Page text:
Tales of an alleged, massive, multi-leveled underground base at the town of Dulce, New Mexico abound. Largely, the stories began during the controversial saga of Paul Bennewitz, a scientist based in Albuquerque, New Mexico at the time. We’re talking about roughly from 1979 to the mid-1980s. Bennewitz was subjected to a wave of UFO-themed disinformation – led by military-intelligence personnel – that caused him to walk away from the UFO subject and pretty much for good. Frankly, I have no faith – at all – in the theory that Dulce has a gigantic subterranean facility far below. I think it’s ongoing disinformation – and still from the world of spies and counterintelligence experts. It is, however, intriguing to take a look at the words of those who do believe the stories might have some degree of reality. That’s the subject of today’s article. If the stories coming out of Dulce really are true, then we may well be in big, big trouble. All of us. Rumors suggest there are multiple levels in the Dulce base, which is said to extend miles down into the Archuleta Mesa and where the ETs are said to be conducting bizarre experiments and procedures – which involve using us as food items. In The Dulce Base the pseudonymous “Jason Bishop III,” who also uses the name of “Tal Lavesque,” quoted an insider from the Dulce installation, who circulated his own statement to the UFO community. That man was Thomas E. Castello. He said:
“Level 7 is worse, row after row of thousands of humans and human mixtures in cold storage. Here too are embryo storage vats of humanoids in various stages of development. I frequently encountered humans in cages, usually dazed or drugged, but sometimes they cried and begged for help. We were told they were hopelessly insane, and involved in high risk drug tests to cure insanity. We were told to never try to speak to them at all. At the beginning we believed that story. Finally in 1978 a small group of workers discovered the truth.” The alien truth, that is. Another source who has revealed what he knows about the Dulce base is Alan B. de Walton, who writes under the name of “Branton.” He claims to know – from what was secretly learned by some of the workers who fled for their lives when the aliens gained complete control of the base in 1979 – something remarkable, and which has a notable bearing on the theme of this book. Branton stated in his The Dulce Book that during the course of his research he learned that the human body is, in reality, “…surrounded by the etheric ‘body,’ surrounded by the astral ‘body,’ surrounded by the mental ‘body.'”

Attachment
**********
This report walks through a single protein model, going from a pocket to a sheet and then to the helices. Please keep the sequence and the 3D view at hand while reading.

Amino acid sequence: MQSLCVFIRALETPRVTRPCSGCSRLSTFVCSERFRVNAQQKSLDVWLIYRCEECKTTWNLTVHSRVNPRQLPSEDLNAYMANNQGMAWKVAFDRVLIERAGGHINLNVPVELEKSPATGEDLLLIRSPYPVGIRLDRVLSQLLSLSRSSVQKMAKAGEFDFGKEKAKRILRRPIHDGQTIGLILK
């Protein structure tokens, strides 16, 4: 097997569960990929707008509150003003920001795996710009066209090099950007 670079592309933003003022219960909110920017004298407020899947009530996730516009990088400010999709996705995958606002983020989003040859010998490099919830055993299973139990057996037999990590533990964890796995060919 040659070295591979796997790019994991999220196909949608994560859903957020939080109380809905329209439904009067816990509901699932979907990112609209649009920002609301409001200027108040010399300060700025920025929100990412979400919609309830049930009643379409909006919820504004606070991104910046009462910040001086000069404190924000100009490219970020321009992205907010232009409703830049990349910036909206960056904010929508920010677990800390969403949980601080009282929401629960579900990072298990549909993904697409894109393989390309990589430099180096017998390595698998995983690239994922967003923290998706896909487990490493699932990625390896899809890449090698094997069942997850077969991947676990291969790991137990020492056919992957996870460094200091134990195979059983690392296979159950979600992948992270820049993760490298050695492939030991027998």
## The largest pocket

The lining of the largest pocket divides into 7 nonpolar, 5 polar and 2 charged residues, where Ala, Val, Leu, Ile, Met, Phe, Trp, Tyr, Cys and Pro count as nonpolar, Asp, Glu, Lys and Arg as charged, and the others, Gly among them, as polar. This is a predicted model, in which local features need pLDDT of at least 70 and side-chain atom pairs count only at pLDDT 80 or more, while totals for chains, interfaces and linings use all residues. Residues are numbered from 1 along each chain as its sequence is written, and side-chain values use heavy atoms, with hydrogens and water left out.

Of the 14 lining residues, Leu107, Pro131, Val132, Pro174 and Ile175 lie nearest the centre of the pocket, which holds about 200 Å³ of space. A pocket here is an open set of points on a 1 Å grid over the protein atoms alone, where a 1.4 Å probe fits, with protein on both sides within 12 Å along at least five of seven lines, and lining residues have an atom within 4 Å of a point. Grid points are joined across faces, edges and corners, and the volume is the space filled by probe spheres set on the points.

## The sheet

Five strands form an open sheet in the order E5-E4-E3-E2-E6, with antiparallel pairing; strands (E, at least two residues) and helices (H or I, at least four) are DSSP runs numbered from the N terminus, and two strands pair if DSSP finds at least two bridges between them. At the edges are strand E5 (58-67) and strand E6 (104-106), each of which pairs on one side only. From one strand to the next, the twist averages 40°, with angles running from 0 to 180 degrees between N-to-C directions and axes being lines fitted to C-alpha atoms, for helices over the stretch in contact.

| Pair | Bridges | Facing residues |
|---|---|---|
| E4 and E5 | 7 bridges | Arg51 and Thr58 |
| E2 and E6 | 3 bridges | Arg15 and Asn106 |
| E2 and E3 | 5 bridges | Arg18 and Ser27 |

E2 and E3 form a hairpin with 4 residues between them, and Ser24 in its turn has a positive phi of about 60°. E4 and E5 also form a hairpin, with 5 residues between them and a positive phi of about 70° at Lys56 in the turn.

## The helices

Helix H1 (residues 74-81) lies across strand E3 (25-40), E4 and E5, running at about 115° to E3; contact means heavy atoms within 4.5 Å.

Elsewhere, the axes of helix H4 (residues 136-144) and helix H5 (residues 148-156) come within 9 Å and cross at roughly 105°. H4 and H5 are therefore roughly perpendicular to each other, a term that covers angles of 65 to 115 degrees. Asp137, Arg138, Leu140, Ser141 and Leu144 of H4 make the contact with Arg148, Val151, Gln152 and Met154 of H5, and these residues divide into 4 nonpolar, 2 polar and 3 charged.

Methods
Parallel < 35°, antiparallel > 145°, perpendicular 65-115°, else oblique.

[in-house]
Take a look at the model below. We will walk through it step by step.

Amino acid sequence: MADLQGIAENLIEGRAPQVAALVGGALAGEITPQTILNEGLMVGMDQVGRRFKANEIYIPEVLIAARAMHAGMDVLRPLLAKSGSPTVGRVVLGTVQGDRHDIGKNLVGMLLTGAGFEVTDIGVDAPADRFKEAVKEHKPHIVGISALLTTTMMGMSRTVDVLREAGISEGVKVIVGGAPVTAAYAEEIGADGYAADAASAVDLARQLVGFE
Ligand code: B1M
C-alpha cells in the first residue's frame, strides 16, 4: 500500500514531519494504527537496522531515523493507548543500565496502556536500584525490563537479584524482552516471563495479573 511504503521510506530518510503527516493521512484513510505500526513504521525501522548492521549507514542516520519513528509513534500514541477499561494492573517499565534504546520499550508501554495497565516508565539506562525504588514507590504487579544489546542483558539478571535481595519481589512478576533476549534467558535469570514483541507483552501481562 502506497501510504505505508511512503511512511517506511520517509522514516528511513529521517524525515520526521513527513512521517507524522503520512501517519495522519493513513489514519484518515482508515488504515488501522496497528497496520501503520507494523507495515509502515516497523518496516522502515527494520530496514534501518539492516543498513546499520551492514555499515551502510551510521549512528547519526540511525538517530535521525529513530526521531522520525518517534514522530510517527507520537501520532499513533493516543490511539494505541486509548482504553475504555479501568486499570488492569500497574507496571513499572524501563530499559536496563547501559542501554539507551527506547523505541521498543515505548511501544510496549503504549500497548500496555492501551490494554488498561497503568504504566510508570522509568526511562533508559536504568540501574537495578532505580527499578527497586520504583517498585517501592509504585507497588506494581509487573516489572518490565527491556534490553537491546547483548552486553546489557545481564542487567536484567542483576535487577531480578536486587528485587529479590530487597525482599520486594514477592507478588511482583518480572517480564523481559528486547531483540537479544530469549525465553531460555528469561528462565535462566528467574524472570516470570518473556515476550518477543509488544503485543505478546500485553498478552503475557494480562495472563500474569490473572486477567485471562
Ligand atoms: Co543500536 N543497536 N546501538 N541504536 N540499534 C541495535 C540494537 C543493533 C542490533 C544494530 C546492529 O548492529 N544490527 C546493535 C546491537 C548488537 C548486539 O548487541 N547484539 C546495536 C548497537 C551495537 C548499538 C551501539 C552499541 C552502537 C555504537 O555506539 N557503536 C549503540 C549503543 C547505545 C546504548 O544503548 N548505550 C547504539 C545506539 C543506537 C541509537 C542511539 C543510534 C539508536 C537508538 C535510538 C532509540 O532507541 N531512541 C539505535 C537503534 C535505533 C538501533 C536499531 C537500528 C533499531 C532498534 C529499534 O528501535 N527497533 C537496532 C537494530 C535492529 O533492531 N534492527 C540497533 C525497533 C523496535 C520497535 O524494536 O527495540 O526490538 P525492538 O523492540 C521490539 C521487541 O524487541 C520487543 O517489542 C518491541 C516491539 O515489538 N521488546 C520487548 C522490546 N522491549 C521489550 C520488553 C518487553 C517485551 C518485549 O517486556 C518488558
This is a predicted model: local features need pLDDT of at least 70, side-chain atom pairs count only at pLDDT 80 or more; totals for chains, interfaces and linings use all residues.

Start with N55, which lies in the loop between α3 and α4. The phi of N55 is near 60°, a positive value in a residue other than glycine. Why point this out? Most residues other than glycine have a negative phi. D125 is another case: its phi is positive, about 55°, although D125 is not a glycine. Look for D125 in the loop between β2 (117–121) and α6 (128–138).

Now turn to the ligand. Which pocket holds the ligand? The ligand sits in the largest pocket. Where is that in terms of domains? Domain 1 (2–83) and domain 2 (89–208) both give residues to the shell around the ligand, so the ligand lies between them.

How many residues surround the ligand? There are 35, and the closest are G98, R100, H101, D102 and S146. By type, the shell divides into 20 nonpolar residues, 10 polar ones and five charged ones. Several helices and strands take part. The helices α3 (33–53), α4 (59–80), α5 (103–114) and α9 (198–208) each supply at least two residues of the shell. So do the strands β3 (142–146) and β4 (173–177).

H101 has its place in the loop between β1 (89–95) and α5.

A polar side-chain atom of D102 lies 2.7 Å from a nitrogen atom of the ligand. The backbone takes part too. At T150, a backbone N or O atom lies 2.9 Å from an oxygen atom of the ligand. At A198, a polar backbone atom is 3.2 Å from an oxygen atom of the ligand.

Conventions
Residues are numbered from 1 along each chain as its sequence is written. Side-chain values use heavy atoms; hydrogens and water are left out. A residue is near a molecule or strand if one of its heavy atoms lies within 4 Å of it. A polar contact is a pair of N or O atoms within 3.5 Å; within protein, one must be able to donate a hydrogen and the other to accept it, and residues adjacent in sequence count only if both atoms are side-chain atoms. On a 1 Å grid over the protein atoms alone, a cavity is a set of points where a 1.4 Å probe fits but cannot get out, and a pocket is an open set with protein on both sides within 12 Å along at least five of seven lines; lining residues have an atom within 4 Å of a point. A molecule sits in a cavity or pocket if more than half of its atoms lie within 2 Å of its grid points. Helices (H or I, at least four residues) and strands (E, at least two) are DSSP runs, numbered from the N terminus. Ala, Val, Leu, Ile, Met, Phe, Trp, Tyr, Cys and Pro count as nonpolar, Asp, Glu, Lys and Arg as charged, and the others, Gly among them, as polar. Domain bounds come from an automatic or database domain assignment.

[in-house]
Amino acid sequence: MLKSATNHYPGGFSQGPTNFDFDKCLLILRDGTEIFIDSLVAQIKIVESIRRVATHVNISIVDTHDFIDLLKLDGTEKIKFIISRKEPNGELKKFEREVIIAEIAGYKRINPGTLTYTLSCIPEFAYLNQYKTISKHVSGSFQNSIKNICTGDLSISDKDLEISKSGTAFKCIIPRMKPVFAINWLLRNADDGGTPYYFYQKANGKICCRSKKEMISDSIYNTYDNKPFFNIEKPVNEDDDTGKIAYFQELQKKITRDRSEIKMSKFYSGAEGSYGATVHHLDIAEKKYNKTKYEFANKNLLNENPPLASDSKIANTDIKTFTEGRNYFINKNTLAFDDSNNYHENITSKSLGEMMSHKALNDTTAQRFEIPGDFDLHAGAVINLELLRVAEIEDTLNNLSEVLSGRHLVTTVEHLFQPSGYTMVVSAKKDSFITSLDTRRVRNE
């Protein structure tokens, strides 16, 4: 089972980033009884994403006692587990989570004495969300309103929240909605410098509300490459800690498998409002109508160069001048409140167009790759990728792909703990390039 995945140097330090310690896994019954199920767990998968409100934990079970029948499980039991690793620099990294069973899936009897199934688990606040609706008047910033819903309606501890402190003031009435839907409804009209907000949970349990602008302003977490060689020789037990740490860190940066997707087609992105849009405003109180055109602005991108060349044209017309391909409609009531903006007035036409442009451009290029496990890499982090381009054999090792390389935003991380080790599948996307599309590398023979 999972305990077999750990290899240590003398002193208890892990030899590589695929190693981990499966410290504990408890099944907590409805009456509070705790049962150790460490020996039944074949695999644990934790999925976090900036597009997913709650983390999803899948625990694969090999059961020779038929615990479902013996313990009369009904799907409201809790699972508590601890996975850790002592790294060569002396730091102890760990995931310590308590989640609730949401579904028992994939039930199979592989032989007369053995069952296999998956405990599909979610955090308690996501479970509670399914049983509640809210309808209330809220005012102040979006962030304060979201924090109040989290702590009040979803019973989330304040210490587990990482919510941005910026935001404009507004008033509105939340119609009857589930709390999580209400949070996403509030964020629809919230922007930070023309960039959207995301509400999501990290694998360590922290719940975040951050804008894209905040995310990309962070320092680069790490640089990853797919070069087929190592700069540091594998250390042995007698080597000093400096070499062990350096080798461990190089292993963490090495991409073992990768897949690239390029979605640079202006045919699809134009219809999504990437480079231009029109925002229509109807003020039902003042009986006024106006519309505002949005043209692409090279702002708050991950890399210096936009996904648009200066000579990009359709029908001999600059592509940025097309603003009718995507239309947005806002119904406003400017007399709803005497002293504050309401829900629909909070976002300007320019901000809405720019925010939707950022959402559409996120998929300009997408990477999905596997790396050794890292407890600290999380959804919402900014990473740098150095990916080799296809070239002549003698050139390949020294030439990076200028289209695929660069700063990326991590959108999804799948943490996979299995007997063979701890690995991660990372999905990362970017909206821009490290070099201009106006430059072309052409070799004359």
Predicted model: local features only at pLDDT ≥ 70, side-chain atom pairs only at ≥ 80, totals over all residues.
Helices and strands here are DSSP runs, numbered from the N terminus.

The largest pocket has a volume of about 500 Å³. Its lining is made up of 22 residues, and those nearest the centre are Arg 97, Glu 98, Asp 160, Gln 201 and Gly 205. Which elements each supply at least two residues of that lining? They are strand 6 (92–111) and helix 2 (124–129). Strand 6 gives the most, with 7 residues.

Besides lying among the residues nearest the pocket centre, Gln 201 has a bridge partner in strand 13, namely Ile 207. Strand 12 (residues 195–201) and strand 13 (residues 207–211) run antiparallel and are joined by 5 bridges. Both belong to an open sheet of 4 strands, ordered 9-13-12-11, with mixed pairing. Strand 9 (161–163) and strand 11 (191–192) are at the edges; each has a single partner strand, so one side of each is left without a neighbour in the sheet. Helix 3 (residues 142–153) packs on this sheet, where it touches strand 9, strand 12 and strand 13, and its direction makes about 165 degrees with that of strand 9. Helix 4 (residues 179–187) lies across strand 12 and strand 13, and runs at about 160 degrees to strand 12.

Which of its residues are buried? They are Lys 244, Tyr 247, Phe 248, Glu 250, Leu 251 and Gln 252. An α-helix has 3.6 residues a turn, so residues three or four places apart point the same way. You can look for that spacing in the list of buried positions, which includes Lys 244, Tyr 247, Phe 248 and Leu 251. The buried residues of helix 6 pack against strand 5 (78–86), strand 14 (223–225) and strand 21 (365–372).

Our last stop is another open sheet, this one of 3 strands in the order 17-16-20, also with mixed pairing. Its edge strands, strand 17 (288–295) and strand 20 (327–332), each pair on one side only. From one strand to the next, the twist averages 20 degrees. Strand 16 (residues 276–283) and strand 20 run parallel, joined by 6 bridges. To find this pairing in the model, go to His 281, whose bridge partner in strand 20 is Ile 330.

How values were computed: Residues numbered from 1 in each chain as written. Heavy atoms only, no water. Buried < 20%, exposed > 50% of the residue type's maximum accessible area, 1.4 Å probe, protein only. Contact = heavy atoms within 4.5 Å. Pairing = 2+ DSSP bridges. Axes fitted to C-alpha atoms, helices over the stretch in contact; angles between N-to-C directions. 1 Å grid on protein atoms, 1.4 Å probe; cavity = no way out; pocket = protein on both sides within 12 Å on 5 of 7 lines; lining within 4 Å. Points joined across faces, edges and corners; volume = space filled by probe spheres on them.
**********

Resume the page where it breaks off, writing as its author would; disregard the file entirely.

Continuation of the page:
Now, we come to the most important part. One of Branton’s Dulce insiders revealed to him: “We also actually have an extra ‘body,’ the emotional ‘body,’ that the aliens don’t have. This part of us constantly puts out a kind of energy they cannot generate or simulate. This emotional energy…is to them, like a potent, much sought-after drug. They can take it out of us and bottle it, so to speak…Also during this ‘harvesting,’’ Greys will look directly into our eyes, as if they are drinking something or basking in light.” In a 1991 book Matrix II, Valdemar Valerian refers to one particular alien abductee at the Dulce base seeing “…a vat full of red liquid and body parts of humans and animals…she could see Greys bobbing up and down, almost swimming.”
Joshua Cutchin is the author of a 2015 book, A Trojan Feast: The Food and Drink Offerings of Aliens, Faeries, and Sasquatch, Cutchin’s findings add to this bleak and harrowing controversy: “While abduction research does not overtly suggest that aliens are harvesting people for consumption, there may be a grain of truth to the report [contained in the pages of Valerian’s Matrix II]. ‘Nourishment is ingested by smearing a soupy mixture of biologicals on the epidermis. Food sources include Bovine cattle and human parts…distilled into a high protein broth…'” David Jacobs is the author of two books on alien abductions, The Threat and Walking Among Us. He believes that “aliens obtain fuel differently from humans, that their skin has a very unique function, and that they convert ‘food’ to energy very differently.” This may well be connected to the concept of what is known as “foyson.” It’s a centuries-old word that is directly linked to another kind of diminutive entity that, just like the black-eyed Greys of Ufology, were also renowned for kidnapping people and leading them to magical realms: the fairies. In terms of what foyson is, Patricia Monaghan, in her 2008 book, The Encyclopedia of Celtic Mythology and Folklore, explains that, “Within every substance on earth is its foyson…The foyson of food is its nourishment, and it was this, Irish folklore contends, that the faeries stripped form food when they stole it. The milk might remain there, creamy in the milk pail, but without its foyson, it had no nourishment left.”
A fascinating, collective story, to be sure. But, I still think that – as it relates to Dulce – the whole thing was created by intelligence agencies who were trying to destabilize Paul Bennewitz – and, in the process, so many bought into it all and still do. Taking in consideration the fact that this story is filled with horror and nightmarish claims, you better hope I’m right.